As I turned the handle and pushed the door to open it, I was, as always, greeted by the unwelcome stench of alcohol and stale cigarettes. Holding my bag tightly over my shoulder so as to ensure it would not bang against any furniture, I headed for my room. First I tiptoed past my mother who was sprawled out on the couch, a last sip still waiting in the bottom of her whiskey glass, then past my father who was staring in a drunken stupor at the TV from his armchair. Same scene different day! Quietly I laid my bag on my bed and took out my school uniform and added it to the week-load of dirty laundry in my washing basket in the corner of my room.

I tried to make my room as pleasant as I possibly could, under the circumstances. I had a single bed covered with a bed linen set patterned with pink flowers on a light yellow background, which had been given to me as a birthday present by Boyd’s mother a year ago. I had a small table I used as a dressing table and a mirror edged with flowers that my best friend Rachel had given me that same birthday. There were a few photos stuck on the wall of Boyd and me and all our friends enjoying crazy happy moments together. Against the wall opposite my bed stood a white wardrobe, small, but big enough for the few clothes I possessed – all bought with money I’d earned myself or else from money I’d saved from gifts on birthdays or at Christmas.

I exchanged the school books in my bag for clothes, and slipped into the bathroom to shower, still hoping I would not awaken my drunken parents.

When I stepped out from the shower and dressed in a pair of jeans and a light grey sweater, I thankfully still could not hear any movement from the lounge.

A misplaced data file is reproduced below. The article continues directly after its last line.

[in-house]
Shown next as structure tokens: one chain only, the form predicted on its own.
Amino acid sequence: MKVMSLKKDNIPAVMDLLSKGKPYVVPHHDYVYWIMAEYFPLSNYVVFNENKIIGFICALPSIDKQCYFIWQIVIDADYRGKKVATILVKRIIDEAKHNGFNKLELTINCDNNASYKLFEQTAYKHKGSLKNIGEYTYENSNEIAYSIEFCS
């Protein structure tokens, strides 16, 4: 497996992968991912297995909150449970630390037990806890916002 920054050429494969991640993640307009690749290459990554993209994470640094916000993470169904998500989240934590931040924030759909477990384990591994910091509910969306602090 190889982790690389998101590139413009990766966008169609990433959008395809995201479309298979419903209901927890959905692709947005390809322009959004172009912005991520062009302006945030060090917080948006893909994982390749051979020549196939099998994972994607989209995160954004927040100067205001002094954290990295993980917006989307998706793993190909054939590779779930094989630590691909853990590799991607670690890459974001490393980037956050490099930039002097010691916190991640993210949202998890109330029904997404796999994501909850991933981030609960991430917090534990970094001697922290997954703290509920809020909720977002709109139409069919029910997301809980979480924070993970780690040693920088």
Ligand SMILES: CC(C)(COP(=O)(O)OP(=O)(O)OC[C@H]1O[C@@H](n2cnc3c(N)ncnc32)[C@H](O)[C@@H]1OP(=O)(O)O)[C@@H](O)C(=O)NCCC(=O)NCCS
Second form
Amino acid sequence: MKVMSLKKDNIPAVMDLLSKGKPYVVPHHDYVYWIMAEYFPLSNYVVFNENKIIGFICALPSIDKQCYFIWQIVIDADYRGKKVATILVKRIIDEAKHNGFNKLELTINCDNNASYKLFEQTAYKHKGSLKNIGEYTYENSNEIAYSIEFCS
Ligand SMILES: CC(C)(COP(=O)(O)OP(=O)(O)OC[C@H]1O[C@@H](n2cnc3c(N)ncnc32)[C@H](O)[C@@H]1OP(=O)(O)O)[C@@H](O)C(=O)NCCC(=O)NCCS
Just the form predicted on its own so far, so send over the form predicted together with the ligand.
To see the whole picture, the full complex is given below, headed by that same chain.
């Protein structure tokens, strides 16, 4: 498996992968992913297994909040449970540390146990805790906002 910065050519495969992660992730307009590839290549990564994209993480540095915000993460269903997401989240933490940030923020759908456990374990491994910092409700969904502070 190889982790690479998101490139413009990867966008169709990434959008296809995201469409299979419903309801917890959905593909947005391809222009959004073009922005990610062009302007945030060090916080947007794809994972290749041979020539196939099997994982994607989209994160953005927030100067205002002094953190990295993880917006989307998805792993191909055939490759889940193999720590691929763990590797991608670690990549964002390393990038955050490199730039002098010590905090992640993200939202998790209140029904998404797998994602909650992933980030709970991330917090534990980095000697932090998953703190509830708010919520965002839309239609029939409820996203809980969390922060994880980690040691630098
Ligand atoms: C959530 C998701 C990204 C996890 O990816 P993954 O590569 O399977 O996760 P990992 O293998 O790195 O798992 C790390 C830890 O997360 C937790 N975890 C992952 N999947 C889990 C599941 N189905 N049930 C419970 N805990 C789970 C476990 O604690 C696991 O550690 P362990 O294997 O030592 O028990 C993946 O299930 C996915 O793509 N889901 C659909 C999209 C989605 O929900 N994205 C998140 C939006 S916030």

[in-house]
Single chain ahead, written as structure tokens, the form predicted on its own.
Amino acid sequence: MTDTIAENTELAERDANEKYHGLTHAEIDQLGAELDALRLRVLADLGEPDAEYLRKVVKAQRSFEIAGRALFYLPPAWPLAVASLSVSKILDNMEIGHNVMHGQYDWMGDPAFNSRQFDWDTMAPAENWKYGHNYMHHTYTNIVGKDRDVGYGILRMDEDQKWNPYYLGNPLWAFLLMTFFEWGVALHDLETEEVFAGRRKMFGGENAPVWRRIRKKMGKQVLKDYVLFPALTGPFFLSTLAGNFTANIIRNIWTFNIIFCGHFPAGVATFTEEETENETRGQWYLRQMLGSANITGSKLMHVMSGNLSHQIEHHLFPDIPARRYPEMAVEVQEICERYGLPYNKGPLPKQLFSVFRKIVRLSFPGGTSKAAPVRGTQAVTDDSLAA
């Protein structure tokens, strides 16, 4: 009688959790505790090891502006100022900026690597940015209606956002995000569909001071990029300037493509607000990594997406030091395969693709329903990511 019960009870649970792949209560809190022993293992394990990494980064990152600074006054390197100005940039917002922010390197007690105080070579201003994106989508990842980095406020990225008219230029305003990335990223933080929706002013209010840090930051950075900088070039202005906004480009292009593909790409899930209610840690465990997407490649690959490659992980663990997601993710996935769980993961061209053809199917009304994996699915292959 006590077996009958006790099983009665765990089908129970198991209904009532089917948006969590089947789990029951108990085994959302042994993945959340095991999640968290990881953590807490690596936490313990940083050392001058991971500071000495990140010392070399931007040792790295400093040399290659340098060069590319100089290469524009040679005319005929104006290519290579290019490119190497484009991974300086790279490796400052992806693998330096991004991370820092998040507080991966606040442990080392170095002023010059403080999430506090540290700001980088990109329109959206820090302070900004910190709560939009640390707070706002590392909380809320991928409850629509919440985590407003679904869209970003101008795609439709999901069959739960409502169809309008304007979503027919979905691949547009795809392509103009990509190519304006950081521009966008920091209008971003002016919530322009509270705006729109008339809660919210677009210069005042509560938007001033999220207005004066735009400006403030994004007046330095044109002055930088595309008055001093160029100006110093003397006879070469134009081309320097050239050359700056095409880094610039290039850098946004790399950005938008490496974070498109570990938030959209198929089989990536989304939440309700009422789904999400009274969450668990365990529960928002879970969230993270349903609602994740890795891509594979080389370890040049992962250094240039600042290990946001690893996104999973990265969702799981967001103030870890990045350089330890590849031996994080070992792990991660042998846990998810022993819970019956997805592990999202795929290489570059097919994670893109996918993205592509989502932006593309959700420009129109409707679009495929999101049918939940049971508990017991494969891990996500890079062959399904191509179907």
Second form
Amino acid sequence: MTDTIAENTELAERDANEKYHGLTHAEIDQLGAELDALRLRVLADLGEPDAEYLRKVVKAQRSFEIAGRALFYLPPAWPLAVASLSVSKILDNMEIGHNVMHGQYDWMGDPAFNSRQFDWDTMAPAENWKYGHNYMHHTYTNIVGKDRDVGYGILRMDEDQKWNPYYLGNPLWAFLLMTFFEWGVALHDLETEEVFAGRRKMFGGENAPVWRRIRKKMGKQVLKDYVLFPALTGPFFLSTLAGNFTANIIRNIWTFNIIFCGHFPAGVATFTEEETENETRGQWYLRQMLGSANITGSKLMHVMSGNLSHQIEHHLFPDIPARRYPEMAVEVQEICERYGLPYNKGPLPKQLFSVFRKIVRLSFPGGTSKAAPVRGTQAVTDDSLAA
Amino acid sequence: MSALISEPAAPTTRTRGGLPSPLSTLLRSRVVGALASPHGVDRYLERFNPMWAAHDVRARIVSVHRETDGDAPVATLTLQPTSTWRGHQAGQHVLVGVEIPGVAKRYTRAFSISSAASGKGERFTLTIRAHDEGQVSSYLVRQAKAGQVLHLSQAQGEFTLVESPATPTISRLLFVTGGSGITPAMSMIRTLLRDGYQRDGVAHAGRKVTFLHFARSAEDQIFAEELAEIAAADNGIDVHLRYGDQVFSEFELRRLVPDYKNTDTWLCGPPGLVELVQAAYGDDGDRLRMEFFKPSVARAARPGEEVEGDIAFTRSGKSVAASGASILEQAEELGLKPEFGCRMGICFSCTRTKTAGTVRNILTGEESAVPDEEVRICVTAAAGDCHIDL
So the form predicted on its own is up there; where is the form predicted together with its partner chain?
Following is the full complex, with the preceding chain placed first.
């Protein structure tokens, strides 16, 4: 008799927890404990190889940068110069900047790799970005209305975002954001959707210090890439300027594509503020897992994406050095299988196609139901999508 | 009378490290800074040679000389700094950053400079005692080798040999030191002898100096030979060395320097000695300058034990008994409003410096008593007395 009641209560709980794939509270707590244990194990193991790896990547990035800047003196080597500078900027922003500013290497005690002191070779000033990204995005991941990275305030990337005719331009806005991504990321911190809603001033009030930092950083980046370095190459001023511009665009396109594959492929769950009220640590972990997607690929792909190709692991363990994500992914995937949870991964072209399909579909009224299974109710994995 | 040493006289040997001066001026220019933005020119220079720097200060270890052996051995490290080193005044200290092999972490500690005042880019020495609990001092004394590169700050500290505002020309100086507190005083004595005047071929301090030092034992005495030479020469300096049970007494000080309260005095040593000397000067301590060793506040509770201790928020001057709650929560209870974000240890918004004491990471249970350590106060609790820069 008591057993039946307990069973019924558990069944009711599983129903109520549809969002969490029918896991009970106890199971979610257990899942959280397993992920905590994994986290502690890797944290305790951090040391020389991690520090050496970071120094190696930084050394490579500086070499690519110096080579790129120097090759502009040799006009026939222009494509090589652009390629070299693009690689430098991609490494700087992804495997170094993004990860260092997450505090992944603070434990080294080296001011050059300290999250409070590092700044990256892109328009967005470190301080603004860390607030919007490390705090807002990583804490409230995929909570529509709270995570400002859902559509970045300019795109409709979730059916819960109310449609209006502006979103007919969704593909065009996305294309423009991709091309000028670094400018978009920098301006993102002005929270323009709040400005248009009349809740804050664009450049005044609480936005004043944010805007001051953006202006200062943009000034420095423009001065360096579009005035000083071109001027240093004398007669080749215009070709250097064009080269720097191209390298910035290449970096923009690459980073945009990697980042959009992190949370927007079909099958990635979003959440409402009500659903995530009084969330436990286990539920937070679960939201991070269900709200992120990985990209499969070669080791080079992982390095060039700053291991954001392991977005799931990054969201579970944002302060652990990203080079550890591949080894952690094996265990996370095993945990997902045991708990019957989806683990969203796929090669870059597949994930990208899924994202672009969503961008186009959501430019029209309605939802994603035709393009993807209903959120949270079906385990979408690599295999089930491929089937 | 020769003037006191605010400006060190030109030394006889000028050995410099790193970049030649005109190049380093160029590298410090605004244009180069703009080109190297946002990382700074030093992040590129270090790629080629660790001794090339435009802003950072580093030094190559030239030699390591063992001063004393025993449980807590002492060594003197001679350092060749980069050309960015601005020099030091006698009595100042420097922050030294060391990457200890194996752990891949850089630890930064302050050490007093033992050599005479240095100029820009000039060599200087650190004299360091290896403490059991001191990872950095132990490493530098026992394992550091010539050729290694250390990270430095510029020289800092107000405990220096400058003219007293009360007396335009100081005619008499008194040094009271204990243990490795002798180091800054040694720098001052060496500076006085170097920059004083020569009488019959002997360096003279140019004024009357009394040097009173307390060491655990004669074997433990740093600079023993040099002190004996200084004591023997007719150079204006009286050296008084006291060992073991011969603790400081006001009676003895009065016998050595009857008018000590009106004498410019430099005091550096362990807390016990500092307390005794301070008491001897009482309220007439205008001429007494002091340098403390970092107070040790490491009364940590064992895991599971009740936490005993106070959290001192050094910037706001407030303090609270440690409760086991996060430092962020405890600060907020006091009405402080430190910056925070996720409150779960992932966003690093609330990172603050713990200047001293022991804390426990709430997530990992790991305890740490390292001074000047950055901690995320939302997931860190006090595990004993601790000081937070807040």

Back in my room I put on my sneakers and picked up the warm thick jacket belonging to Boyd but which I had claimed, then lifted my bag over my shoulder, silently clicked and locked my bedroom door and tiptoed back towards the lounge. I found the note I had left my parents the previous Friday which simply read, “Gone to a beach party, be home Sunday”, and I lifted it off the kitchen counter and moved it to the dining room table. At least if it was not in the same place they probably wouldn’t even notice it was the same letter. I knew they wouldn’t realise it was the same letter anyway, they had no concept of which day of the week it was or the time of day or possibly that I even existed half the time.

As silently as I had entered the house so I exited it, and sat on the sidewalk until Boyd arrived and whisked me off to where I would be as happy as the rest of our friends.

On the beach we made a huge bonfire after we had braaied a few pieces of boerewors and made boerewors rolls. Music blared from the portable radio someone had brought along and we listened to our favourite music on the late night station, to which we danced, our bare feet digging into the now cool sand.

York started a new game which we all took great delight in playing. We chased crabs as they came out of their little holes in the sand, as the sea water bubbled up to the surface. We never actually caught one, but it was just such immense fun to see who could actually get to one before it burrowed back into the sand – a silly game and yet we were highly entertained by it.